Christmas Eve two years ago is a day that will always stand out to me because what could have killed me actually saved my life… not once, but twice.
I call that vivid experience my amazing Christmas gift from God.
It began early in the evening on December 24, 2014, when I started feeling pain in my abdomen. Thinking I may have a stomach virus, I settled in for a rough night. By about 9:00 p.m. I felt terrible and went to bed, hoping that I’d feel better in the morning… after all, it was Christmas. I slept on and off for a few hours until the pain got so bad that sleep was no longer possible. I laid in bed for the next few hours in complete distress, playing the mind game we all go through, trying to decide just how bad off I was and whether I should go to the hospital.
By 4:00 a.m., the debate was over.
In sheer agony and unable to bear the pain any longer, I went to the ER. After a series of tests and scans, it was determined that my appendix was on the verge of bursting and early Christmas morning I was rushed into emergency surgery.
On a side note, I had my first experience with morphine that morning and I can now say I truly know what it feels like to be comfortably numb. I still remember that feeling as the morphine was administered and it slowly overtook the pain, leaving in its place a warm euphoria.
My surgery would go off without a hitch, but it turned out my problems were just beginning.
During the abdominal scan, a tumor was discovered on one of my kidneys that had the doctors concerned. Another moment I remember like it was yesterday was when the doctor came in my room Christmas Day and told me about the tumor, saying it had the characteristics of renal cell carcinoma. Funny, but as soon as I heard the word carcinoma, my mind drifted back to the time years earlier when I had to go home and look the word up after hearing it for the first time — that was the day my late mother was diagnosed with throat cancer. I don’t recall much of what the doctor said afterwards, but suffice it to say there are few moments in your life that equal hearing the sobering words that you likely have cancer.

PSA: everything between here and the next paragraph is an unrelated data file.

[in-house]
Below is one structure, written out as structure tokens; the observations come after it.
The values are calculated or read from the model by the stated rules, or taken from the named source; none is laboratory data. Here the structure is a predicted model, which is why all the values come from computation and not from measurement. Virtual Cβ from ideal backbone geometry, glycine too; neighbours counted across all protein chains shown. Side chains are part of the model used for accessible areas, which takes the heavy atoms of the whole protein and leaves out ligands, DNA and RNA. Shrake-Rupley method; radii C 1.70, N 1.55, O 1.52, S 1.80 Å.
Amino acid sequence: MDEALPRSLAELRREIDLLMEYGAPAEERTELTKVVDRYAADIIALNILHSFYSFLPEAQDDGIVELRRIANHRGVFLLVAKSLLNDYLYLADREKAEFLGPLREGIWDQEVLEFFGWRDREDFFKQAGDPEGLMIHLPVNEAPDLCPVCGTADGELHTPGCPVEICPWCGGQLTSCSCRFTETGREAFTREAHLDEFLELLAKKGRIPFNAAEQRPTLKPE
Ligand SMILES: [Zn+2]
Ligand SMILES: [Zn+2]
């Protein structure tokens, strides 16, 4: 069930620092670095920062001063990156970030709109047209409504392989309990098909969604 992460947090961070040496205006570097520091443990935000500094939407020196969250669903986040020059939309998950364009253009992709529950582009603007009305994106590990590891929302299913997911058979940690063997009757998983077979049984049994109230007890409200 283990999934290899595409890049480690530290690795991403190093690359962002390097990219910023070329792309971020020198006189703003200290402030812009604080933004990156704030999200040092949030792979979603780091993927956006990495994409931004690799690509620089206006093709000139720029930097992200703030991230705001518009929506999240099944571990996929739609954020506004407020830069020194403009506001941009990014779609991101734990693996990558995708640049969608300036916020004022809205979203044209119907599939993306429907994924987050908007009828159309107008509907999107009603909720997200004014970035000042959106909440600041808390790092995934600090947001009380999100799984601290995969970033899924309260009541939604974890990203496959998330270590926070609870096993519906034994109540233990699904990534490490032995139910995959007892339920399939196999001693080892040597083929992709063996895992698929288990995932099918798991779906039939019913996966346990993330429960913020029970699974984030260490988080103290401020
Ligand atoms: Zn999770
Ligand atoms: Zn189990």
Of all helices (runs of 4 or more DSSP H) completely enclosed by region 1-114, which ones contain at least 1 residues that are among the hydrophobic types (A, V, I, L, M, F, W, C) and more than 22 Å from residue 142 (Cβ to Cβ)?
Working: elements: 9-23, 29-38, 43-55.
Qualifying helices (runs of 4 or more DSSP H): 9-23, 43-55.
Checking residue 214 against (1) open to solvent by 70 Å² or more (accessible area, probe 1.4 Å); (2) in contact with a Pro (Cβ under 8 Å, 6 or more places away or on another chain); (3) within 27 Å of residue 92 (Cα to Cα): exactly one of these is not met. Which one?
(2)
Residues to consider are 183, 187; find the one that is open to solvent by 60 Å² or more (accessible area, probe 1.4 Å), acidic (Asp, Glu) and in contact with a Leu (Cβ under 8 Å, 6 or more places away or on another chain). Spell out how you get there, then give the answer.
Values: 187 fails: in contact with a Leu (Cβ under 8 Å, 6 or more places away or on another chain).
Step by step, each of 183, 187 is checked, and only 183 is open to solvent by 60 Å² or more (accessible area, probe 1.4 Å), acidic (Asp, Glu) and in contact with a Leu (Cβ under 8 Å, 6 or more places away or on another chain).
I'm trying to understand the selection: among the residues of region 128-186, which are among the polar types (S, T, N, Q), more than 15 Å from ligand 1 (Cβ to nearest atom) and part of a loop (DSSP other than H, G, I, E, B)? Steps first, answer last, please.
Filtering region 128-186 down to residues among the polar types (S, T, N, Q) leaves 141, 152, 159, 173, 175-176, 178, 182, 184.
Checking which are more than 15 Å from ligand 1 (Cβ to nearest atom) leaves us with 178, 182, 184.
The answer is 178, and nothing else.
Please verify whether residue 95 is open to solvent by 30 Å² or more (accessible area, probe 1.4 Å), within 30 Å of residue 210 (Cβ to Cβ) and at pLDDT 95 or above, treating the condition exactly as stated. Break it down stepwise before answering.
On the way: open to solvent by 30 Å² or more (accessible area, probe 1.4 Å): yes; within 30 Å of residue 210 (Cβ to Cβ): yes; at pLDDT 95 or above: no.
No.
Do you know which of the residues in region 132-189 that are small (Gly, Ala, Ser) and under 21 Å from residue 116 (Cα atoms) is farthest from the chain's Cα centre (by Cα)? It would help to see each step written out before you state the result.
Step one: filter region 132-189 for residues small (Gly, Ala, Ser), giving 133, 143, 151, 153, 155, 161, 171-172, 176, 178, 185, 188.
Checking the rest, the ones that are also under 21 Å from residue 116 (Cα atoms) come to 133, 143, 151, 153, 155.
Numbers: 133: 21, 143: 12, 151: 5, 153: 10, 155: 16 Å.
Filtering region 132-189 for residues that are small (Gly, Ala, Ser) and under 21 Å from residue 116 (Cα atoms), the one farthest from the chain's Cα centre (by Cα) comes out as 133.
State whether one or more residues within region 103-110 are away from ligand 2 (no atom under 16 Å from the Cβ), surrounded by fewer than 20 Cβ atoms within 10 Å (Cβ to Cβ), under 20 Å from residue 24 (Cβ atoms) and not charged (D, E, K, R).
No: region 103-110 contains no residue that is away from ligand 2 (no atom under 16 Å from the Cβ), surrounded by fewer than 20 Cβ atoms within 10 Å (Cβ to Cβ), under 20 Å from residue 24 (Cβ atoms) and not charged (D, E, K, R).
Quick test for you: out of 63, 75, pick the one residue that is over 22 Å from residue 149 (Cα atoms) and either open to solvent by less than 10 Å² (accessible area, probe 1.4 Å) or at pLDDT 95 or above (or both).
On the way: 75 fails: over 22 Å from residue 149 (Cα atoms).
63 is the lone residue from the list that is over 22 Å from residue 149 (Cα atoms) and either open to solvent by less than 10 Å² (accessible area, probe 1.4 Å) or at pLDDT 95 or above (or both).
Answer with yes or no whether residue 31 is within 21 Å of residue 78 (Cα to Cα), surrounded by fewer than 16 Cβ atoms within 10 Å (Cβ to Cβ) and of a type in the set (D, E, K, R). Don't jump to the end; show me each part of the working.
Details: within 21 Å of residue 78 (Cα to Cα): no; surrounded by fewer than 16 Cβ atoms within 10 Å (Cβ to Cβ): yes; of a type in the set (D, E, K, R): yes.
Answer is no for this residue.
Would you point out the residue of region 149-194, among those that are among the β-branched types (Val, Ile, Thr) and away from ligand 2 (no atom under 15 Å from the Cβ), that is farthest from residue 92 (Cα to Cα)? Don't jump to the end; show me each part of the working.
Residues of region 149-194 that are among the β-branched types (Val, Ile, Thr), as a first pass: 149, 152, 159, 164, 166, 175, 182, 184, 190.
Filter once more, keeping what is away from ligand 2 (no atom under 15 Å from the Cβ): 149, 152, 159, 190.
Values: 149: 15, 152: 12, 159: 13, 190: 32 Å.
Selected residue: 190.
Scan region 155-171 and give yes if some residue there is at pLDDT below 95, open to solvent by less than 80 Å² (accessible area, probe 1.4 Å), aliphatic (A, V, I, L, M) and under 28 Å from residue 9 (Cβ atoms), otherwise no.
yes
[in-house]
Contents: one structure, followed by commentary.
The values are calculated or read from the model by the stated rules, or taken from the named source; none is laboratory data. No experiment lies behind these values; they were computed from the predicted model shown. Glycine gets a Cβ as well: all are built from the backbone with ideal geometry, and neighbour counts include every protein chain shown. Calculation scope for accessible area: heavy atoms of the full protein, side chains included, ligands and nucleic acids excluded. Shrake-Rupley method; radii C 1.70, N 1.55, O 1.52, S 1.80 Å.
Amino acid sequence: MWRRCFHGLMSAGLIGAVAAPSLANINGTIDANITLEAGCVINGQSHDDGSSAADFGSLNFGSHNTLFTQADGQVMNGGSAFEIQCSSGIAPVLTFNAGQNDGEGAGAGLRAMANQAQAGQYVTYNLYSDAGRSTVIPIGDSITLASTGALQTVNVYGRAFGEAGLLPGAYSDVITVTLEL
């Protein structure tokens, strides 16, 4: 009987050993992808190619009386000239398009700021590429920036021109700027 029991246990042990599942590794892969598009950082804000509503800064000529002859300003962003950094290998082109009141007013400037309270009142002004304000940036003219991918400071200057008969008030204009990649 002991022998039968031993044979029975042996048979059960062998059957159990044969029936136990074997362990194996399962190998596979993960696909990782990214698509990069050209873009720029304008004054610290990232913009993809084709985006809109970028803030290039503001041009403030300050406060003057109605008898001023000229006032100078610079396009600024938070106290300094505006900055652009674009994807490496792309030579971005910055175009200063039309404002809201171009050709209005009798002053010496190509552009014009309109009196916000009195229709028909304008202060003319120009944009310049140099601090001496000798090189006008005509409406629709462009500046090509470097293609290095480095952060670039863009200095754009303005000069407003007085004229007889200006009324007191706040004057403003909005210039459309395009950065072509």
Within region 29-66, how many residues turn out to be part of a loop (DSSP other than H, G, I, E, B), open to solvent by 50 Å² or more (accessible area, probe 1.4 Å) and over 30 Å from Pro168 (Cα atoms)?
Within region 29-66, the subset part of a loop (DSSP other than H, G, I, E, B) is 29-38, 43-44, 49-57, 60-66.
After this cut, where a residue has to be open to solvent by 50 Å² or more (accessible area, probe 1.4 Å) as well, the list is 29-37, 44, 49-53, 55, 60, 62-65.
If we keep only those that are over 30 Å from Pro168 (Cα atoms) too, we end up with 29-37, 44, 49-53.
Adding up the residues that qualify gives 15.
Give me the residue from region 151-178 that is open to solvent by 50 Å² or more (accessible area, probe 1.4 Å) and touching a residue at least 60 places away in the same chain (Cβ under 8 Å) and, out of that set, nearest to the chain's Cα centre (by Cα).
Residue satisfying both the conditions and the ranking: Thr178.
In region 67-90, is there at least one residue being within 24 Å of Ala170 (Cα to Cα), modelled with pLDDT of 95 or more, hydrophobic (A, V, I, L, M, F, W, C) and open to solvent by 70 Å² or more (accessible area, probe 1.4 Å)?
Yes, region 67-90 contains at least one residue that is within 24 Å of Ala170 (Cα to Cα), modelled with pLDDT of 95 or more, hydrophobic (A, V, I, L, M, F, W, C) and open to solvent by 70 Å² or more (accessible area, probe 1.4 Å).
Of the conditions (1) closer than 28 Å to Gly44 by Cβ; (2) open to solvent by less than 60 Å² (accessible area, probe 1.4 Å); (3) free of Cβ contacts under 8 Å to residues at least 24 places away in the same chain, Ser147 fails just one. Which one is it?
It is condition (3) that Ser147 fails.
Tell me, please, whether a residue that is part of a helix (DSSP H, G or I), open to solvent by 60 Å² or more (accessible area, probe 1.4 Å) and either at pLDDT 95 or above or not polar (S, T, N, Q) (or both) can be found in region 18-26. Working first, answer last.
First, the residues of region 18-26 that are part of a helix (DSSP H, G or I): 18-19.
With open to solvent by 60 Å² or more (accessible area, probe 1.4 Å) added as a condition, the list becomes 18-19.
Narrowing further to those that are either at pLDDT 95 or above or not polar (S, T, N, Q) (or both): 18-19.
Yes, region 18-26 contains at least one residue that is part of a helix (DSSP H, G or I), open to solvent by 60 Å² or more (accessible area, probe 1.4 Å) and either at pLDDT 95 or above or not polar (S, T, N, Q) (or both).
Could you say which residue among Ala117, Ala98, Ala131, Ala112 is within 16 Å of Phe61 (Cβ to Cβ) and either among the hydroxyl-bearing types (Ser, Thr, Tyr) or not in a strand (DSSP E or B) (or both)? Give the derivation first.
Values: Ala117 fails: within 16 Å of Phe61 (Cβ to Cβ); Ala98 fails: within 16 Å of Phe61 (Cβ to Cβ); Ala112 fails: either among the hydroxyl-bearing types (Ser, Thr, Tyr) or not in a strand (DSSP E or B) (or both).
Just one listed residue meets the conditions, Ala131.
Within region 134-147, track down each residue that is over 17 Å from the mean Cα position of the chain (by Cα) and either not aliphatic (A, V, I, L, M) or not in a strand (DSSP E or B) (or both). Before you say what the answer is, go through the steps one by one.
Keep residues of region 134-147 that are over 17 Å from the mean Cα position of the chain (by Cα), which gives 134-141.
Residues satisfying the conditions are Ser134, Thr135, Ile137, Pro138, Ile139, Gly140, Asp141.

Turns out, the tumor was cancerous and would have silently grown until it became symptomatic, with the chances of it having metastasized being much greater — had it not been for the appendicitis. Catching it early saved my life and I eventually had the tumor removed while saving most of my kidney. For what it’s worth, I had my first annual scan last month and can happily report that it came back clear.
God’s blessings in my life includes my friend Jack Cassell, who happens to be a urologist. But for his compassion and counseling — he reached out to me after hearing of my circumstance — setting the right course would have proven to be most difficult. More importantly, it was because of Jack that I ended up in the care of a brilliant surgeon able to take on a difficult case with little trouble. Jack doesn’t know I write this and I hope he does not take offense, given the tough-guy image he likes to portray, but at a time when I was in crisis, he proved to be a beacon from above.
But God wasn’t finished working his wonder in my life.
When I was scheduled for the first of what would prove to be two surgeries on my kidney, my primary care physician cleared me for the procedure because, other than hypertension, I had no history of heart disease and I had just had the appendectomy. But in reviewing my file, the attending anesthesiologist saw my long history of being a smoker — I quit four years ago — and insisted on getting clearance from a cardiologist.
I anticipated this to be an inconvenient formality… oh, how wrong I was.
The anesthesiologist’s insistence resulted in the shocking discovery that I had 90 percent blockage in one of my arteries… likely a second life saver. And I owe it to a medical professional who took his/her job seriously, refusing to go along with the consensus.
And to the grace of God and his gift to me two years ago Christmas morning.